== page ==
Anatomy of the Spine


Earlier this year I took a training workshop on the anatomy of the spine and the anatomy of the core covering the functional movement and injury management.

As I listened to the instructor I felt my passion for learning about this subject and I felt like a sponge absorbing the concepts that the instructor shared with us. It was great to be reminded about the knowledge that yoga is not a prescribed set of movements, that is, different approaches serve us at different times of our lives because as we learn new things, our practice and the approaches we use in teaching yoga should change over time. There is a potential for revisiting and revising our approach to this wonderful practice.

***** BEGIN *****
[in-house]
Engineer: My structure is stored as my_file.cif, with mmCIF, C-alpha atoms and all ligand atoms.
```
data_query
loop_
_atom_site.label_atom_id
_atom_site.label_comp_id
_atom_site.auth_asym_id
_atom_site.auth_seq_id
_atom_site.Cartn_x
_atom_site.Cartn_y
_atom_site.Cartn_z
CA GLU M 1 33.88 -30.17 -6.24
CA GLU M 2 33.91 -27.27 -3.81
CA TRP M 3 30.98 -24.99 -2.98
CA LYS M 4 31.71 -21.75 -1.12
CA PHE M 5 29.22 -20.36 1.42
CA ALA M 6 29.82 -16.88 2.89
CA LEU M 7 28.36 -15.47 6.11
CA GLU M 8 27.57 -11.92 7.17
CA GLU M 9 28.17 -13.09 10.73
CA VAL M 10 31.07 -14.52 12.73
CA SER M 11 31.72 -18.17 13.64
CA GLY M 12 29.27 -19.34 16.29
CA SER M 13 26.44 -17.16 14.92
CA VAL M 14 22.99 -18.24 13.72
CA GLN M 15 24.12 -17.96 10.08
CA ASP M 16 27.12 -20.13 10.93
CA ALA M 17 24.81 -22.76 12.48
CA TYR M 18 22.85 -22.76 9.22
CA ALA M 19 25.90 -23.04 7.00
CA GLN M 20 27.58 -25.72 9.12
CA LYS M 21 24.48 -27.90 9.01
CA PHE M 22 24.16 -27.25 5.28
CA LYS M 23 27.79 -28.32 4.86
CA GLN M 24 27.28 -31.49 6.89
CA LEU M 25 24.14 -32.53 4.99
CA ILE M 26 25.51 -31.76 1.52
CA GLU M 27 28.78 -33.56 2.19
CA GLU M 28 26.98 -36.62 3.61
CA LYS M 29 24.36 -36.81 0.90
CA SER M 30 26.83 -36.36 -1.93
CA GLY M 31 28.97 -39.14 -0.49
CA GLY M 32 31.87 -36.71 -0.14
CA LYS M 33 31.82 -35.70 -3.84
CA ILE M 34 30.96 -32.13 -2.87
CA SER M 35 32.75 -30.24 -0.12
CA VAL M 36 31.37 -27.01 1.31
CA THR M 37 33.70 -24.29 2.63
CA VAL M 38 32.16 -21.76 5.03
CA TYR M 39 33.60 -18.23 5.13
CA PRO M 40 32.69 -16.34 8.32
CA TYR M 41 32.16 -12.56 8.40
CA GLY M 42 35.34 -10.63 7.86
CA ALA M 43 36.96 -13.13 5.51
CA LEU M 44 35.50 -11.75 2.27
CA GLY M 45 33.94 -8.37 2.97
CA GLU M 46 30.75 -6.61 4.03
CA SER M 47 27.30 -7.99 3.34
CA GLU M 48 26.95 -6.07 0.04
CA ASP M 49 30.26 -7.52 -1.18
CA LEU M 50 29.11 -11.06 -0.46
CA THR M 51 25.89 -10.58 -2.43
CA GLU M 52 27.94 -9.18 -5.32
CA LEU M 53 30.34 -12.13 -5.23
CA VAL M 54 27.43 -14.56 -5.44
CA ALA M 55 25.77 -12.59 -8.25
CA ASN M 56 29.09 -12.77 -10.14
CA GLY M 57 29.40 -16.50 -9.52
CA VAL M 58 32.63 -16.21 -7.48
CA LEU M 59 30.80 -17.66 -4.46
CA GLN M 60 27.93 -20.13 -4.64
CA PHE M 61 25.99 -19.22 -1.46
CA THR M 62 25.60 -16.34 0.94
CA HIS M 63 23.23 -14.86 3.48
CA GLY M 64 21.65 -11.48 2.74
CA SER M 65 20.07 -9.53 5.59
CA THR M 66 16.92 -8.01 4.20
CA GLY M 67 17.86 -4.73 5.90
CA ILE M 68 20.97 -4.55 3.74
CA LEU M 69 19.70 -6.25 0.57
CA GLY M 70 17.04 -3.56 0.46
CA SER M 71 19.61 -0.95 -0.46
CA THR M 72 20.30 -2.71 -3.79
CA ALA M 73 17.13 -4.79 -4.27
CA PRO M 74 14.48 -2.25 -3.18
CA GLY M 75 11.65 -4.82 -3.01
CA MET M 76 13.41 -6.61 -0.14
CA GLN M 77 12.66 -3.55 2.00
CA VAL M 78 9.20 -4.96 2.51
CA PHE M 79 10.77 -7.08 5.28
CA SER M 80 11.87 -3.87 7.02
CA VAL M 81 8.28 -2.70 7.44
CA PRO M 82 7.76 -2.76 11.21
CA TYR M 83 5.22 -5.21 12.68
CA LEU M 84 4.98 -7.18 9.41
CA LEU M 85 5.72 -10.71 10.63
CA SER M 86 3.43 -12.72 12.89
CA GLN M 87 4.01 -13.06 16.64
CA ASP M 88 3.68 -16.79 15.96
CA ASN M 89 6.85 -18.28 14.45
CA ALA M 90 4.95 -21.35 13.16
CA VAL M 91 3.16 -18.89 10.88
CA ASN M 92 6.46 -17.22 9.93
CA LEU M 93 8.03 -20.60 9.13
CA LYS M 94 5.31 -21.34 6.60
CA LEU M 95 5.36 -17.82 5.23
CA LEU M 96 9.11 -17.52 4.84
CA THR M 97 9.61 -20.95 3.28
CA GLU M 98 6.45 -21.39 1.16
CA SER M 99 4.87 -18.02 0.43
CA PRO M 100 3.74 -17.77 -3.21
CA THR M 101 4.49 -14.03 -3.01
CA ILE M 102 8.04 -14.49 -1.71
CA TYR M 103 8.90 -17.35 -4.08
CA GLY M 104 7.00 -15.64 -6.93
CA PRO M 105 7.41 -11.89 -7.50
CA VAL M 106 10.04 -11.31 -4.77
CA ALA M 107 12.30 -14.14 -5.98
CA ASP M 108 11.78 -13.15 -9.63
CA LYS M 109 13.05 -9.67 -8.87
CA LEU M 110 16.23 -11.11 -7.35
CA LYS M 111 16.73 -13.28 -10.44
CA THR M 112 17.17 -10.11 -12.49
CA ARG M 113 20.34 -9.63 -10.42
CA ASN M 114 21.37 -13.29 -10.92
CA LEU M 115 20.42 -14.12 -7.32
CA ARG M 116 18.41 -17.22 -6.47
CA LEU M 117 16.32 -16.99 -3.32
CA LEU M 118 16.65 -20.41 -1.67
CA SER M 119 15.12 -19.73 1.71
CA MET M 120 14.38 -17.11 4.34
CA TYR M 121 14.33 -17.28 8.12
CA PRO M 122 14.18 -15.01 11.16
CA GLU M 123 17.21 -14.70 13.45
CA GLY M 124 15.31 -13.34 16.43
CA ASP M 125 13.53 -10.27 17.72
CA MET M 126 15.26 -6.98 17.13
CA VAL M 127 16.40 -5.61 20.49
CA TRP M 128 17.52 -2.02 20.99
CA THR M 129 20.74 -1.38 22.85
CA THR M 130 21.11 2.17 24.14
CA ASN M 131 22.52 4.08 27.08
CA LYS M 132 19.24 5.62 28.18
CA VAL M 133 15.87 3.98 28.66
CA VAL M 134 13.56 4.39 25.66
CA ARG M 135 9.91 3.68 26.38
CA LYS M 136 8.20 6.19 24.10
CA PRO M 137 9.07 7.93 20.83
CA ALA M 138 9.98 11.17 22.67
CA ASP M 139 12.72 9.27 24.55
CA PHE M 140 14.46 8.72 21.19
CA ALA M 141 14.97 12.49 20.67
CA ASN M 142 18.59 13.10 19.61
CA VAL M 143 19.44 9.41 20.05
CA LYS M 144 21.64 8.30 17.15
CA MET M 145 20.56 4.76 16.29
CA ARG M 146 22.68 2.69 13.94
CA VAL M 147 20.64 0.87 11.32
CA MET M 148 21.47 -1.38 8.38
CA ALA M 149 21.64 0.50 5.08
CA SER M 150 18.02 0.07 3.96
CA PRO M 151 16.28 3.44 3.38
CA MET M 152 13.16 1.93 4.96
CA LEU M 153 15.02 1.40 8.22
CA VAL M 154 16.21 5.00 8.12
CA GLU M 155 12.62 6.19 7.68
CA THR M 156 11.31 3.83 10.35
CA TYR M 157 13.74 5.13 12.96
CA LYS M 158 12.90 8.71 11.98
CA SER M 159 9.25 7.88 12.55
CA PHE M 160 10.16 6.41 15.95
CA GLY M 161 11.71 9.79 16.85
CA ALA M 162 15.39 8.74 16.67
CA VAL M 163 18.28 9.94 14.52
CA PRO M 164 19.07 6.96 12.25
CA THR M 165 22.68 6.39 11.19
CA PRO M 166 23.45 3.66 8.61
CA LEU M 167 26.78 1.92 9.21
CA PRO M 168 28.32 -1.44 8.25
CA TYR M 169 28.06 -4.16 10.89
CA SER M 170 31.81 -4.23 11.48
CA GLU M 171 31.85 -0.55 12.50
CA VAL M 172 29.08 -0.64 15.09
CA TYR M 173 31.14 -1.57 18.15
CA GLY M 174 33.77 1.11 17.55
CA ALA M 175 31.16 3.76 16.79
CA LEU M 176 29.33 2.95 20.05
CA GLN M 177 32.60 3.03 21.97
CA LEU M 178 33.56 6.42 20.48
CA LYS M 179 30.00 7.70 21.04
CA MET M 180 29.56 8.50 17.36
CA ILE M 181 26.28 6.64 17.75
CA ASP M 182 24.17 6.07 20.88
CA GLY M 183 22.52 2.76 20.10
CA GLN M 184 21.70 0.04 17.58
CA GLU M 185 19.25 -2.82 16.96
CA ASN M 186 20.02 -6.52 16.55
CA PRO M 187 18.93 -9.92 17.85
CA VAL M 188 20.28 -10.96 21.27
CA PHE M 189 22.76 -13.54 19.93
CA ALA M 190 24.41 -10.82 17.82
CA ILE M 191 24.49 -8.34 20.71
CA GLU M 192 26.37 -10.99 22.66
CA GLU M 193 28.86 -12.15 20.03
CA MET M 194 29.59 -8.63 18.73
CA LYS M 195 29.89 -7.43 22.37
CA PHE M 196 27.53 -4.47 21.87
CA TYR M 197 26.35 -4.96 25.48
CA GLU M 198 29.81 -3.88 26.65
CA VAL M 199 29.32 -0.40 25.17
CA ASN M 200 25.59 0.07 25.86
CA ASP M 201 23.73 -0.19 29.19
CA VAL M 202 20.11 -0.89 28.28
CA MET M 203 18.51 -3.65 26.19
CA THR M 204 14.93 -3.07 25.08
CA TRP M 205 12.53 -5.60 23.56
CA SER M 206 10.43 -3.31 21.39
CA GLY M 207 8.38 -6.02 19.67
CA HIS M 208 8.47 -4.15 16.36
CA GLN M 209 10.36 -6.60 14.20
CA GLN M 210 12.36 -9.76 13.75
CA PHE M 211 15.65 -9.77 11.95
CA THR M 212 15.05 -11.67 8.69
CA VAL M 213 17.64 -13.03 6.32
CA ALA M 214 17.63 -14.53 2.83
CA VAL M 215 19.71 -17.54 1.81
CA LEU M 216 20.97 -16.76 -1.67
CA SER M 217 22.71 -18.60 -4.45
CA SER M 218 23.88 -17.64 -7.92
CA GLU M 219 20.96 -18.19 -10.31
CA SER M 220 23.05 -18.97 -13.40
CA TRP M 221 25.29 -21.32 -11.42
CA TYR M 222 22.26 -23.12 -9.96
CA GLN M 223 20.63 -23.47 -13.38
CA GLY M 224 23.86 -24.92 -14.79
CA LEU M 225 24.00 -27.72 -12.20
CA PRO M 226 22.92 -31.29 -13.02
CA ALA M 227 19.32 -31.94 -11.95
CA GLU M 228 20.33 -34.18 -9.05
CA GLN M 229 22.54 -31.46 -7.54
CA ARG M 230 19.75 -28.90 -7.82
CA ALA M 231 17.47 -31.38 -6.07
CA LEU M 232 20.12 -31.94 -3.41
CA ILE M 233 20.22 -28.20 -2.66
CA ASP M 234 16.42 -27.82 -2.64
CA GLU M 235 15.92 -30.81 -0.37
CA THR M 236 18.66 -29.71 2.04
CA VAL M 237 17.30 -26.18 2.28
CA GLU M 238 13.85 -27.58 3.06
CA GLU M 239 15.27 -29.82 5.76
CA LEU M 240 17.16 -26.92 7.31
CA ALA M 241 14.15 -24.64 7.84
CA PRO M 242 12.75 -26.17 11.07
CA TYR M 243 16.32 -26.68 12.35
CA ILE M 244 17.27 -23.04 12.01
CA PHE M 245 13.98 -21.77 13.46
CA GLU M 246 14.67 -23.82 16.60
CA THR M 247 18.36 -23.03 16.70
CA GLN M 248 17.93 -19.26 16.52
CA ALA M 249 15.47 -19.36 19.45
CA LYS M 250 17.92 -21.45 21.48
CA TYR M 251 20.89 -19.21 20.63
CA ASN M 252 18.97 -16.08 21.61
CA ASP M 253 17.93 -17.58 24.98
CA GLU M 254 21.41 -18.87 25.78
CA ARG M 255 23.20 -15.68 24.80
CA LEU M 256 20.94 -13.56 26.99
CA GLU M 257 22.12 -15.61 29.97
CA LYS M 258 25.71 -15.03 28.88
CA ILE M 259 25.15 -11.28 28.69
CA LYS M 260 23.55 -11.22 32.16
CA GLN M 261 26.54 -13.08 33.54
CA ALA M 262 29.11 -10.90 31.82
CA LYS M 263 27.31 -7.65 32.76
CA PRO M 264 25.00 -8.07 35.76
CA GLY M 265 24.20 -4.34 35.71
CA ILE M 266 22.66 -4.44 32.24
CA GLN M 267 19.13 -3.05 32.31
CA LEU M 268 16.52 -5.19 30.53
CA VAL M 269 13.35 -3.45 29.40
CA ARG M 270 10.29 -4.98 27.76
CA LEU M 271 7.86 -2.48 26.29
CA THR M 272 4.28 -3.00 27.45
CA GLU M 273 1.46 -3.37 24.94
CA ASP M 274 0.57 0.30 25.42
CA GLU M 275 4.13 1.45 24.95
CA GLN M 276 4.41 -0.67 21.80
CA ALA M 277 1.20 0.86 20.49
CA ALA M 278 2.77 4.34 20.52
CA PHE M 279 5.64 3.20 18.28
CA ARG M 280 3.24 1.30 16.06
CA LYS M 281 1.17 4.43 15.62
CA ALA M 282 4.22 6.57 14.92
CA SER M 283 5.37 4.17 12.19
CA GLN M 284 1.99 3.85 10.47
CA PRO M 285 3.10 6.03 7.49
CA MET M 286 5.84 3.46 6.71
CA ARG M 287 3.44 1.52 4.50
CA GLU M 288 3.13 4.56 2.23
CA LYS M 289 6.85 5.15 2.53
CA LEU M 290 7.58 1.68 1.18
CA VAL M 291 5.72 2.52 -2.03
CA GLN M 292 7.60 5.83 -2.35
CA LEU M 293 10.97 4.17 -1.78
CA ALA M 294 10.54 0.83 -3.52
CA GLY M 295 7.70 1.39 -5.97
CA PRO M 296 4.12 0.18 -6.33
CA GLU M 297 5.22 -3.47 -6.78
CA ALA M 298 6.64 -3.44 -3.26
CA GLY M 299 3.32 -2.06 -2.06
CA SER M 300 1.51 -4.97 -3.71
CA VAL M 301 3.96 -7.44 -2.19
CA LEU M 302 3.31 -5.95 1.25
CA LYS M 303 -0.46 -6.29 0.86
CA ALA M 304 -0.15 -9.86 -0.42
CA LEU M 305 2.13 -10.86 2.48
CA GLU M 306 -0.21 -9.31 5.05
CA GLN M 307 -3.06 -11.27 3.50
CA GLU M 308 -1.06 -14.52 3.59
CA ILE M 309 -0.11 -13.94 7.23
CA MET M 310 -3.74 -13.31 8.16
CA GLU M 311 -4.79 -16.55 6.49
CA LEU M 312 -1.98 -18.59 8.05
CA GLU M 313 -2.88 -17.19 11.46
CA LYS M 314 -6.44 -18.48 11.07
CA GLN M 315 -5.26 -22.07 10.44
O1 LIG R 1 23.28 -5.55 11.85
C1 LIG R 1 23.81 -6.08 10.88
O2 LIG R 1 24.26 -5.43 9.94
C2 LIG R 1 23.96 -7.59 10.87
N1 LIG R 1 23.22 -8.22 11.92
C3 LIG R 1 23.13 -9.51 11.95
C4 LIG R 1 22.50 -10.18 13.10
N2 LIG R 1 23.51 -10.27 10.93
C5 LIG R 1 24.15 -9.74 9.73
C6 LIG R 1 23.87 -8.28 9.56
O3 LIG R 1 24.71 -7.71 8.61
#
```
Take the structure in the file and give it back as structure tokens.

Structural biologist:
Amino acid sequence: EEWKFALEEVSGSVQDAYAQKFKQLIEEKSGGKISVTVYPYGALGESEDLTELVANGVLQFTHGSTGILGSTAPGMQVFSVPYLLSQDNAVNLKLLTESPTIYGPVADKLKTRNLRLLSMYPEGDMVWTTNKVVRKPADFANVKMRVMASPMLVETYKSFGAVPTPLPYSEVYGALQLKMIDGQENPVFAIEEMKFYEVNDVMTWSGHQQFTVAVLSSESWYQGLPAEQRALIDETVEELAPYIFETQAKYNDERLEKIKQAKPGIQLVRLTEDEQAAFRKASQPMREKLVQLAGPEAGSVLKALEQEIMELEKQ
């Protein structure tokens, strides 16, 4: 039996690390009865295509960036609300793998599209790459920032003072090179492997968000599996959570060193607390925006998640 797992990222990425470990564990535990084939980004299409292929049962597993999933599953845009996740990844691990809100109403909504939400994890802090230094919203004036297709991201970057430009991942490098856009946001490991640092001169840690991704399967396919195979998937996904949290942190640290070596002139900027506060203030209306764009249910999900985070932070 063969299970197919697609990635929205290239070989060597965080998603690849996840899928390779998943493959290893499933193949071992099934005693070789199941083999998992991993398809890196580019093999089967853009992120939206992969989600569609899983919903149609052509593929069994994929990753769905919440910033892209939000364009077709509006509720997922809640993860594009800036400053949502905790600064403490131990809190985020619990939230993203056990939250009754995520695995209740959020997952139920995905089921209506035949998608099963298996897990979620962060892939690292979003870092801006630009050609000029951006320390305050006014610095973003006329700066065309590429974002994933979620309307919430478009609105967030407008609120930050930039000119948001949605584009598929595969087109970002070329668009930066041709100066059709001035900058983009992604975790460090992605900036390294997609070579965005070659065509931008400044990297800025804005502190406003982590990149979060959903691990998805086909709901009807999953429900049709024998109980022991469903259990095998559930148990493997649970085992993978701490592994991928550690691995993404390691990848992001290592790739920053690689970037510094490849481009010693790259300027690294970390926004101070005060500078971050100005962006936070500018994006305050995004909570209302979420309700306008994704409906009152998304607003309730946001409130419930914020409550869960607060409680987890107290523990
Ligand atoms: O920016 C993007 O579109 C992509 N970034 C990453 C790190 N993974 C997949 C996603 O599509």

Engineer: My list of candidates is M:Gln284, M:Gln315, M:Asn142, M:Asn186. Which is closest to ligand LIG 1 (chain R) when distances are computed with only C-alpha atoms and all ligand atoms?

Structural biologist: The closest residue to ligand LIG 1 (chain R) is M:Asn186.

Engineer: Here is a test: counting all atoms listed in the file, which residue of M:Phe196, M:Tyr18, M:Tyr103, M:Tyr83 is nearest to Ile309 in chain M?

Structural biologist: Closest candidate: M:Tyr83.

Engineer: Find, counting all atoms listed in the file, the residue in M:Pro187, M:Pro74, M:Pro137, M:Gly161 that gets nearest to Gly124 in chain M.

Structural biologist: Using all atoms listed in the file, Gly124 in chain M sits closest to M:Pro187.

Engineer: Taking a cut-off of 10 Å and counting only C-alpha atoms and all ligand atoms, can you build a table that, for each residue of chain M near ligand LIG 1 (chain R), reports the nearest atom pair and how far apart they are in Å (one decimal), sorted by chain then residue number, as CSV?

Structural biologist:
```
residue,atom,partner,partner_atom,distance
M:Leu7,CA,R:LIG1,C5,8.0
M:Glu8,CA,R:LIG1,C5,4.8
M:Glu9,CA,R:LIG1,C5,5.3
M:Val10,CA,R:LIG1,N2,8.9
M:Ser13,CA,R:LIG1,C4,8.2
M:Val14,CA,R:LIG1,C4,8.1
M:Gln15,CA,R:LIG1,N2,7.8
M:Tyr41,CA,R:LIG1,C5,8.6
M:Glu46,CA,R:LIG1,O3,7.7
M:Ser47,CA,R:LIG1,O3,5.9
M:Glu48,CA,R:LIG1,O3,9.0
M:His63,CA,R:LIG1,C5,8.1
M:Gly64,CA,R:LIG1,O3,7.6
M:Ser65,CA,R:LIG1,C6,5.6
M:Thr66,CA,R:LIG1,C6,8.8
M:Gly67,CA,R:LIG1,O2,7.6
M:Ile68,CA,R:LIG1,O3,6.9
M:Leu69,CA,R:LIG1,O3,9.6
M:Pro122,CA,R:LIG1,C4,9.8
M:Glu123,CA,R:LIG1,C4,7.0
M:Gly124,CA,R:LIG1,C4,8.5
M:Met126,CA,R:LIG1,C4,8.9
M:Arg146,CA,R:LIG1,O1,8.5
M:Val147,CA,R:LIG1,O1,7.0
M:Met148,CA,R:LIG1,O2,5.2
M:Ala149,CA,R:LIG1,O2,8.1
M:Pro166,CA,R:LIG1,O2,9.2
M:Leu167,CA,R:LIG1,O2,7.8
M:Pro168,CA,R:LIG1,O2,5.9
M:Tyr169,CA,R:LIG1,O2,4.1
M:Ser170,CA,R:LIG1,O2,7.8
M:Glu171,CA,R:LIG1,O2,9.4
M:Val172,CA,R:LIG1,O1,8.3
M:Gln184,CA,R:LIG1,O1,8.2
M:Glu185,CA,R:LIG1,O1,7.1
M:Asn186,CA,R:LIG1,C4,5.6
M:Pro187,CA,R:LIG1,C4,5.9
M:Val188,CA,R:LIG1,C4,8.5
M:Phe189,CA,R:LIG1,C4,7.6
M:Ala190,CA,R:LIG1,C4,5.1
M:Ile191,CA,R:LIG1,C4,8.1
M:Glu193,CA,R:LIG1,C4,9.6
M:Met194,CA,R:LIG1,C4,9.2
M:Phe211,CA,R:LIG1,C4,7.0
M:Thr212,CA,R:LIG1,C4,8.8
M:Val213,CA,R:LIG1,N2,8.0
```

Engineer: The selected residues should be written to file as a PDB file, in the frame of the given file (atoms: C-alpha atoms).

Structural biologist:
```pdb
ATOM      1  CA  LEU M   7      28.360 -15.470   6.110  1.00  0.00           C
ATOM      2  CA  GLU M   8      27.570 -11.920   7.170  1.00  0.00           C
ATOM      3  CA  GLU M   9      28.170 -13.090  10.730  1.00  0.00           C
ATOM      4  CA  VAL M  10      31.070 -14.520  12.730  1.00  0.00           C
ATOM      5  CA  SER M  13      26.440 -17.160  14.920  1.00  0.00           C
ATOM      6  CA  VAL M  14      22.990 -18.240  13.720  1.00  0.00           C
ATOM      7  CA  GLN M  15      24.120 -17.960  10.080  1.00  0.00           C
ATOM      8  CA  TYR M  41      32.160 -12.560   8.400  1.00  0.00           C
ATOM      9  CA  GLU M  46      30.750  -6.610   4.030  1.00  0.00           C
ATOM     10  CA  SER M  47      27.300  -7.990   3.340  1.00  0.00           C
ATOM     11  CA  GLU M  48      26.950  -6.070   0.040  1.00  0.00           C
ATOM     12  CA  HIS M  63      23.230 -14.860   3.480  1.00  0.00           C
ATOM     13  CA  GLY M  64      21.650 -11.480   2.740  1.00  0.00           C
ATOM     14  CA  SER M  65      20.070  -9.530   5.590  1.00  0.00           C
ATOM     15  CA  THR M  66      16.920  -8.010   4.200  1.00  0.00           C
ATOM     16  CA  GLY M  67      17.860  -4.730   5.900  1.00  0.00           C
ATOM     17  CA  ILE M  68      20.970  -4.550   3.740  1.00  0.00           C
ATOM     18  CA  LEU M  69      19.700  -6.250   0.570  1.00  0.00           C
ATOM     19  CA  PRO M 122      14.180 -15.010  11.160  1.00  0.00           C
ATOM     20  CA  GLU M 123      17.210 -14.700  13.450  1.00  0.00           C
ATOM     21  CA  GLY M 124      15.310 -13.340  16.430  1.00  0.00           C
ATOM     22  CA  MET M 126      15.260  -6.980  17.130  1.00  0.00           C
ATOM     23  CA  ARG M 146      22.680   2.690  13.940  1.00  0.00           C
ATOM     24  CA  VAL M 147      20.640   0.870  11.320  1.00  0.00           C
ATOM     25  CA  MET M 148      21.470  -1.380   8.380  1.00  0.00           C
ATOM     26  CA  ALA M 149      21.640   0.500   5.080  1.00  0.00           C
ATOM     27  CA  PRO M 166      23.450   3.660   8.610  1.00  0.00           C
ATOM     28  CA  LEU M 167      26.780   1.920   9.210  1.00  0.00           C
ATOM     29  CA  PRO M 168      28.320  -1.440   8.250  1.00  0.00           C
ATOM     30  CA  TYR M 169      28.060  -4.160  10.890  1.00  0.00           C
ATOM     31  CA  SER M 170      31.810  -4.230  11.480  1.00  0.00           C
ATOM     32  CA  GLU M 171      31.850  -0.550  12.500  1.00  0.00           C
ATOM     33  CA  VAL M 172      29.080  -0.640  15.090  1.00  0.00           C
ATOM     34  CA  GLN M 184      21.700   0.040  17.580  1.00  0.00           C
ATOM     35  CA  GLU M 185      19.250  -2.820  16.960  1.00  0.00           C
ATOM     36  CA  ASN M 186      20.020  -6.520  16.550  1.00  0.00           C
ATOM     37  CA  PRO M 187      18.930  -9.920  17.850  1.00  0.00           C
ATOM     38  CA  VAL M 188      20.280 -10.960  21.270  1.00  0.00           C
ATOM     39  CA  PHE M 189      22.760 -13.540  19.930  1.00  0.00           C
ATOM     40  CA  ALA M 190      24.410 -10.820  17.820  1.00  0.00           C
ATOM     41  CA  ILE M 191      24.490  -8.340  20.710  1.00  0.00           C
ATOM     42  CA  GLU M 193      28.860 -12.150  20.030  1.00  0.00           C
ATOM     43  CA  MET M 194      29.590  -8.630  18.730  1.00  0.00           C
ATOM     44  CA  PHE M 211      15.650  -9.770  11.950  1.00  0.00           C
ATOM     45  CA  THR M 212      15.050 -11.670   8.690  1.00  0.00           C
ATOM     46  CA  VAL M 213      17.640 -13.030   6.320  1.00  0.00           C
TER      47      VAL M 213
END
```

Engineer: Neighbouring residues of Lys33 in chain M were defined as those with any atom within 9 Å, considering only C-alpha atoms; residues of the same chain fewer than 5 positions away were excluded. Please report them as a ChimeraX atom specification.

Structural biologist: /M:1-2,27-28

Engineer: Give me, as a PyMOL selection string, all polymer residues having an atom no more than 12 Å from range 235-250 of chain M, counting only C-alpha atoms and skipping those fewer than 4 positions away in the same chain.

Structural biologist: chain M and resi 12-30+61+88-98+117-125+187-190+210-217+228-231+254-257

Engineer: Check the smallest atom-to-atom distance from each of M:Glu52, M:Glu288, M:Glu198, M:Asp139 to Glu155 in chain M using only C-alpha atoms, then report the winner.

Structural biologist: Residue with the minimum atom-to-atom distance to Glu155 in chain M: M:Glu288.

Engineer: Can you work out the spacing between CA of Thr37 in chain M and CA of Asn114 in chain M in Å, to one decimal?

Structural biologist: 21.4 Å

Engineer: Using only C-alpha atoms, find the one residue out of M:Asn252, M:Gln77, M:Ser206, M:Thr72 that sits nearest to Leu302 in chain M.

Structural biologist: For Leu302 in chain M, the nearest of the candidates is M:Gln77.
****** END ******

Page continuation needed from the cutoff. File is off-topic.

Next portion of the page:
The asanas and techniques done in a modern flow yoga class are not that old compared to what has been traditionally taught about yoga. The mechanical, technical and sequential aspects of the practice are a work in progress. – Lifestyles, unique bodies, etc., make this ancient practice a dynamic tradition – one in which we can adapt the ancient teachings to the modern realities.

What I find most fascinating about anatomy and human movement system is how complex it all is. In spite of all the variables and limitations, the body is very smart and it always has a reason for creating boundaries – they should be respected and not be messed with. Those boundaries are there to protect the body!

I am looking forward to the next one coming up in next week where we will learn about the anatomy of the hips. If you are curious, the instructor has a really inspiring page about her that you might be interesting in reading.

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